Since September 11, 2001, the Yankees have played “God Bless America” during the 7th inning. Joe Torre, now Major League Baseball’s executive vice president for baseball operations, mused to MLB.com “…when they pan the audience, I look at the youngsters and I get a lump in my throat, because those kids aren’t going to grow up with the same freedoms we did. It’s necessary, but they won’t.”

“The No. 1 [change] is the security,” Torre said. “You go through any airport. Not just airports, but theaters and certain sporting events. I know some people resent it, because we’re used to so much freedom, but people were trying to hurt us on our own soil. It was devastating.”

Ok. I’ll keep my mouth shut the next time Yankee Stadium security makes me turn my iPhone on.

Umpire, and now Senior Arbiter, Joe West questions “Did 9/11 change this country? Yes, absolutely.” He goes on to tell MLB.com, “…every now and then, I think we should all be reminded how important life is. I was lucky enough to get reinstated to my position as an umpire [there was a labor action at the time], and I realize how lucky all Americans are to be part of the greatest country on earth. And I promise that as long as I’m able, Merle Haggard’s words in a song are what I’ll live by: ‘When [they're] running down my country, man, [they're] walking on the fightin’ side of me.’”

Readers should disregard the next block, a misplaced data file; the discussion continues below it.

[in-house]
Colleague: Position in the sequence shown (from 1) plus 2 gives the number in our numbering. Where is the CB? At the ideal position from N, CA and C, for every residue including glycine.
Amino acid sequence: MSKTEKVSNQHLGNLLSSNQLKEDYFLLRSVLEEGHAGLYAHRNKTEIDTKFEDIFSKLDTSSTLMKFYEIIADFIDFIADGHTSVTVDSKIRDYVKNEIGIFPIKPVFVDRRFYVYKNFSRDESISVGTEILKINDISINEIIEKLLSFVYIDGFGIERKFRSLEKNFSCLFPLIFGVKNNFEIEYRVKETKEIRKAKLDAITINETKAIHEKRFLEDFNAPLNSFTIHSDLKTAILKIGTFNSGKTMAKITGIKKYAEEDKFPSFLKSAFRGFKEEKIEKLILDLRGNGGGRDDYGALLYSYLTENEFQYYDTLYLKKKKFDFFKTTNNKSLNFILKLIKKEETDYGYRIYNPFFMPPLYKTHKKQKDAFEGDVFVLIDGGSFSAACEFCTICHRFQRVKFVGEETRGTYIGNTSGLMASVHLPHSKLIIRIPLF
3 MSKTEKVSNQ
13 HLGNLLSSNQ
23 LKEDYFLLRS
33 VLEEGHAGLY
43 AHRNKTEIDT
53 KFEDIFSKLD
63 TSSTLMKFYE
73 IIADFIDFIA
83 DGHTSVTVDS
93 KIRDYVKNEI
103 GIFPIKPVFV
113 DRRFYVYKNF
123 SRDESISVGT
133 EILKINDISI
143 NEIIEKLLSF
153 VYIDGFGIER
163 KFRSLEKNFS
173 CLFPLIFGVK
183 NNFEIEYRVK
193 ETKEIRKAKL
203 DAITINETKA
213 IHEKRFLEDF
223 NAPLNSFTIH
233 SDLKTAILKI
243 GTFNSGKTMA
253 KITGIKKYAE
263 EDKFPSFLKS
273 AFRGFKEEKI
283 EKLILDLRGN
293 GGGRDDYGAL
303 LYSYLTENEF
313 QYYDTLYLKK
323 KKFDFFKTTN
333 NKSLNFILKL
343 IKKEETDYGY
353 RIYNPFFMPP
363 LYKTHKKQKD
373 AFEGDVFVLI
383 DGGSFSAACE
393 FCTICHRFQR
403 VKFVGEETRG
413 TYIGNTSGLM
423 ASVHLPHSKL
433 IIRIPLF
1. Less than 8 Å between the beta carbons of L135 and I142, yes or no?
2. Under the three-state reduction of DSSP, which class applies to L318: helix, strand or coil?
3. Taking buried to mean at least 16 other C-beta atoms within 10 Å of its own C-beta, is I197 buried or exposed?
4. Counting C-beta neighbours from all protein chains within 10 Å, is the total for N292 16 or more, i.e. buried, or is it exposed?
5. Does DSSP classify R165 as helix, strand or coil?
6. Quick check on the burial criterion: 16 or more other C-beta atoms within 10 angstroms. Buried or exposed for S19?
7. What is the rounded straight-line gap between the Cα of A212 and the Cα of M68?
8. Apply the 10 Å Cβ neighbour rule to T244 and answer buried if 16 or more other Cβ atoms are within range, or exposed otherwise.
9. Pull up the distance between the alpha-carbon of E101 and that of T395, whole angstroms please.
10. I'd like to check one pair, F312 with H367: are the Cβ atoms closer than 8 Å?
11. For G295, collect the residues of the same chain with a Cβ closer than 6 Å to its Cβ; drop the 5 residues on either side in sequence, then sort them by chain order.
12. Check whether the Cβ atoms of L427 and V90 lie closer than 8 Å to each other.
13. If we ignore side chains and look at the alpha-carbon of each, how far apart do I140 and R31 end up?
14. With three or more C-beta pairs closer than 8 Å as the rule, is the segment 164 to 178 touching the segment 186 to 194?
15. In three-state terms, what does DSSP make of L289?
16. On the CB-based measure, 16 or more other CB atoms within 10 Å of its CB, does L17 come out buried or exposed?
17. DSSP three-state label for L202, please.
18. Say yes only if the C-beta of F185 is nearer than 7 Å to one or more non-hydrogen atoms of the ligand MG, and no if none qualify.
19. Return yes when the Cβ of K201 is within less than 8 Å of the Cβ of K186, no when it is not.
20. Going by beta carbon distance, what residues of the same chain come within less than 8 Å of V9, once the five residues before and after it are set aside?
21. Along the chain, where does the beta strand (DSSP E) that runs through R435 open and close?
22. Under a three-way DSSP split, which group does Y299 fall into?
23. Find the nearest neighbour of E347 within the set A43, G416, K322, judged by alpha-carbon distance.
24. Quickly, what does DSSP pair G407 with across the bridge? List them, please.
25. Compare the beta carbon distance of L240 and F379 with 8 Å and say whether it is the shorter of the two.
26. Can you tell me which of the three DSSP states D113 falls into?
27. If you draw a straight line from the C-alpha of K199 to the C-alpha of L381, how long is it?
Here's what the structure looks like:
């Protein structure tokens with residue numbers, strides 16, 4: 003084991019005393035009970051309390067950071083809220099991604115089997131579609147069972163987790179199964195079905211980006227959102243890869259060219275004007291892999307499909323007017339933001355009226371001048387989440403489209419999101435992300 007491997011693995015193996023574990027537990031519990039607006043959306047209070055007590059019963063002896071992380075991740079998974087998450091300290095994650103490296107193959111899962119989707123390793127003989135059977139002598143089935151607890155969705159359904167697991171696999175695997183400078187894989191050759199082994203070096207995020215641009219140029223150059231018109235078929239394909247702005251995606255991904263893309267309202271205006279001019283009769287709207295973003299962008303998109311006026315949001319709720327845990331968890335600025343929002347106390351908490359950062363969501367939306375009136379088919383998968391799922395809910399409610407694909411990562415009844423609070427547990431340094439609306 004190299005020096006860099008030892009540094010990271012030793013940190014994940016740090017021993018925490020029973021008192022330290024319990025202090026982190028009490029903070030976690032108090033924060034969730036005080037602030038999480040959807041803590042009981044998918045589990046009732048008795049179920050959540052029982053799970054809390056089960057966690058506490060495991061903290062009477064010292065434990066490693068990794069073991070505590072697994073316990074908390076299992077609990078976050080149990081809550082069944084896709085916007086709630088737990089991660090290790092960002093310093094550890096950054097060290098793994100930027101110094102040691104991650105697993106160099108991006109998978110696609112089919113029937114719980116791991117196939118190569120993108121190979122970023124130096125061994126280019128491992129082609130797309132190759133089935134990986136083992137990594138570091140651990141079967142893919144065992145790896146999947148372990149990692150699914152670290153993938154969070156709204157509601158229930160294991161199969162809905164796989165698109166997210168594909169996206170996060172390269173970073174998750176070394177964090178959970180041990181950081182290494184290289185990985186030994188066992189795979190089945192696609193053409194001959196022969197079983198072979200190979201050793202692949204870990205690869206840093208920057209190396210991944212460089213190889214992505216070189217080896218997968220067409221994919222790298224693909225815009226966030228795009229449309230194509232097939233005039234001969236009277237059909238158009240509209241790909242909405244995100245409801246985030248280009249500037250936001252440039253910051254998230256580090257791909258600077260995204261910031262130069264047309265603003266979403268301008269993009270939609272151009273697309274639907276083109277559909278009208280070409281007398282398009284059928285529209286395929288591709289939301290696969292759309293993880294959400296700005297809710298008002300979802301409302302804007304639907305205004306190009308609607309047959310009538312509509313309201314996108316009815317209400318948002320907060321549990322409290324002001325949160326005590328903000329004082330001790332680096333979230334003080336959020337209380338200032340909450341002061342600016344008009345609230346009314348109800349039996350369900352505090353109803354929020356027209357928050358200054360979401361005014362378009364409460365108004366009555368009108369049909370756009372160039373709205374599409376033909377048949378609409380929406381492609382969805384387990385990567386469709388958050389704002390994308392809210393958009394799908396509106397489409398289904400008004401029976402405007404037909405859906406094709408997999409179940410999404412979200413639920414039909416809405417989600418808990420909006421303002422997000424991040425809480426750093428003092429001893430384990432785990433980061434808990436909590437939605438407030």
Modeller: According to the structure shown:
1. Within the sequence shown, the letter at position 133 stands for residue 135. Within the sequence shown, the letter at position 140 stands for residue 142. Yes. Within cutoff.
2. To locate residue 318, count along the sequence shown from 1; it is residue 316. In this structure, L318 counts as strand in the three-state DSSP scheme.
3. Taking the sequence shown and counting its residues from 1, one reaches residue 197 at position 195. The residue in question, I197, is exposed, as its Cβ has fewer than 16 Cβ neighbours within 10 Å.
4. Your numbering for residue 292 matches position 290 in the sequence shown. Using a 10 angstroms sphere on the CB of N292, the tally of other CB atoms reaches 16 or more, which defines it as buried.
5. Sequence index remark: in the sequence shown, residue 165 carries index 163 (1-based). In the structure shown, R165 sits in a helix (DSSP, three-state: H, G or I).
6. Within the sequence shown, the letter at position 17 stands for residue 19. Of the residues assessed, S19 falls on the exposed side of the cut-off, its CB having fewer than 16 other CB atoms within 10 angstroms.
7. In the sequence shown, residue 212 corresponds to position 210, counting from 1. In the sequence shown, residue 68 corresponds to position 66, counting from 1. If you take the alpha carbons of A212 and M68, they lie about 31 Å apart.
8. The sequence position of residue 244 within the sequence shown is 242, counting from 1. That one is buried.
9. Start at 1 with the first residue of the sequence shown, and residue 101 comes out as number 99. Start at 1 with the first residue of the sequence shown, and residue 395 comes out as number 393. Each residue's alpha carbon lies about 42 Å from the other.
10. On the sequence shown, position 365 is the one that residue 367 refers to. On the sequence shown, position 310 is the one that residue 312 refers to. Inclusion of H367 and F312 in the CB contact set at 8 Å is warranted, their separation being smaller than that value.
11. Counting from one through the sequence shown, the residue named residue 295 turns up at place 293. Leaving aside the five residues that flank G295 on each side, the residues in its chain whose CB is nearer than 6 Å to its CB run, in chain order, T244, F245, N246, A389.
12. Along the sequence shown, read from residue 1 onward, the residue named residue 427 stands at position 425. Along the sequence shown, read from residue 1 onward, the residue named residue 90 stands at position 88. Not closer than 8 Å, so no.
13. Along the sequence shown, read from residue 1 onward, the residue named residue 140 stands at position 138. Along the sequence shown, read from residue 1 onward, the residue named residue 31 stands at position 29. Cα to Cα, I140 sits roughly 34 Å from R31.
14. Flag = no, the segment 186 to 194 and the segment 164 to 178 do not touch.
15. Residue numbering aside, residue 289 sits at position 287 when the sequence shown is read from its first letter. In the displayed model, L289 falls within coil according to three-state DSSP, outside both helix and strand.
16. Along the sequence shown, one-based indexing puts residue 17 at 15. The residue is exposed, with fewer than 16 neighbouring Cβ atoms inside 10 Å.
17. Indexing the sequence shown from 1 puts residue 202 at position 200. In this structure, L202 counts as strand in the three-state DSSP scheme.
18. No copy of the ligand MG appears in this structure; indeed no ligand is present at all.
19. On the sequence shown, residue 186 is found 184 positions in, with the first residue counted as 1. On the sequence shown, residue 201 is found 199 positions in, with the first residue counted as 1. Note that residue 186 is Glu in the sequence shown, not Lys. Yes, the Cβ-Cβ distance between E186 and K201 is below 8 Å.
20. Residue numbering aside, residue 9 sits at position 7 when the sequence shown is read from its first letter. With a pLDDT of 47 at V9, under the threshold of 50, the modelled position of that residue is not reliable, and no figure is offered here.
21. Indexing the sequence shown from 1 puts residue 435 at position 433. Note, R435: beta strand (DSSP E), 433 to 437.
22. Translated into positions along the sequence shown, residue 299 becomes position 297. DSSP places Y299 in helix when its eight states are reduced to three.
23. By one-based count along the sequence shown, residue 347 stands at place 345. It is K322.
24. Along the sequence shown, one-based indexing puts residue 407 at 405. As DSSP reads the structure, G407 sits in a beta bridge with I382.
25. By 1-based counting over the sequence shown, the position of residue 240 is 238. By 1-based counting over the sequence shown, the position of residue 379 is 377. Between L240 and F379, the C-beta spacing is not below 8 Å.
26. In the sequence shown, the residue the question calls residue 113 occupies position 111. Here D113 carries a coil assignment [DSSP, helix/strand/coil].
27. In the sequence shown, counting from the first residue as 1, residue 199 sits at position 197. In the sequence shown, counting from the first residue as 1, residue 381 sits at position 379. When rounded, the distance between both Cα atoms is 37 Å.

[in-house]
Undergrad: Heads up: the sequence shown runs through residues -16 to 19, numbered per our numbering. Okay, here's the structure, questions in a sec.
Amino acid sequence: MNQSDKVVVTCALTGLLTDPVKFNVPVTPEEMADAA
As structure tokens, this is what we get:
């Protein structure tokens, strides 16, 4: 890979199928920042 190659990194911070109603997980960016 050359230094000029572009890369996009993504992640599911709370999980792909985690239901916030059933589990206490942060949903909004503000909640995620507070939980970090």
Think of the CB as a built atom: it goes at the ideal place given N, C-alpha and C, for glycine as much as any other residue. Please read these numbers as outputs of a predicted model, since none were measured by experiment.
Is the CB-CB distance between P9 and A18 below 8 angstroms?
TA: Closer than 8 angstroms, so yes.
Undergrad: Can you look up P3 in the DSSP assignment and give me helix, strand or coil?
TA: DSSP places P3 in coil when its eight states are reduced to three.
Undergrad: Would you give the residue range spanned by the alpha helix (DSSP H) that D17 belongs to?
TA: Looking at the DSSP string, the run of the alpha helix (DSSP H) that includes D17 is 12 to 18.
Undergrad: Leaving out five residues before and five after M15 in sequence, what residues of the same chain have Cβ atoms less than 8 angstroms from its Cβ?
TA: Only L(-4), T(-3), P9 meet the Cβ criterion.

Retired centerfielder, Doug Glanville, grew up six miles from the George Washington Bridge. He put the plight of baseball in perspective that faithful day. “So many lost lives and how it shook our entire world,” Glanville told MLB.com. “We were trying to do what we do, which is play baseball. I just remember the conflict in deciding if we should play, when we should play in terms of resuming. Everything was so uncertain and everybody was so fearful about the possibility of what could happen next.”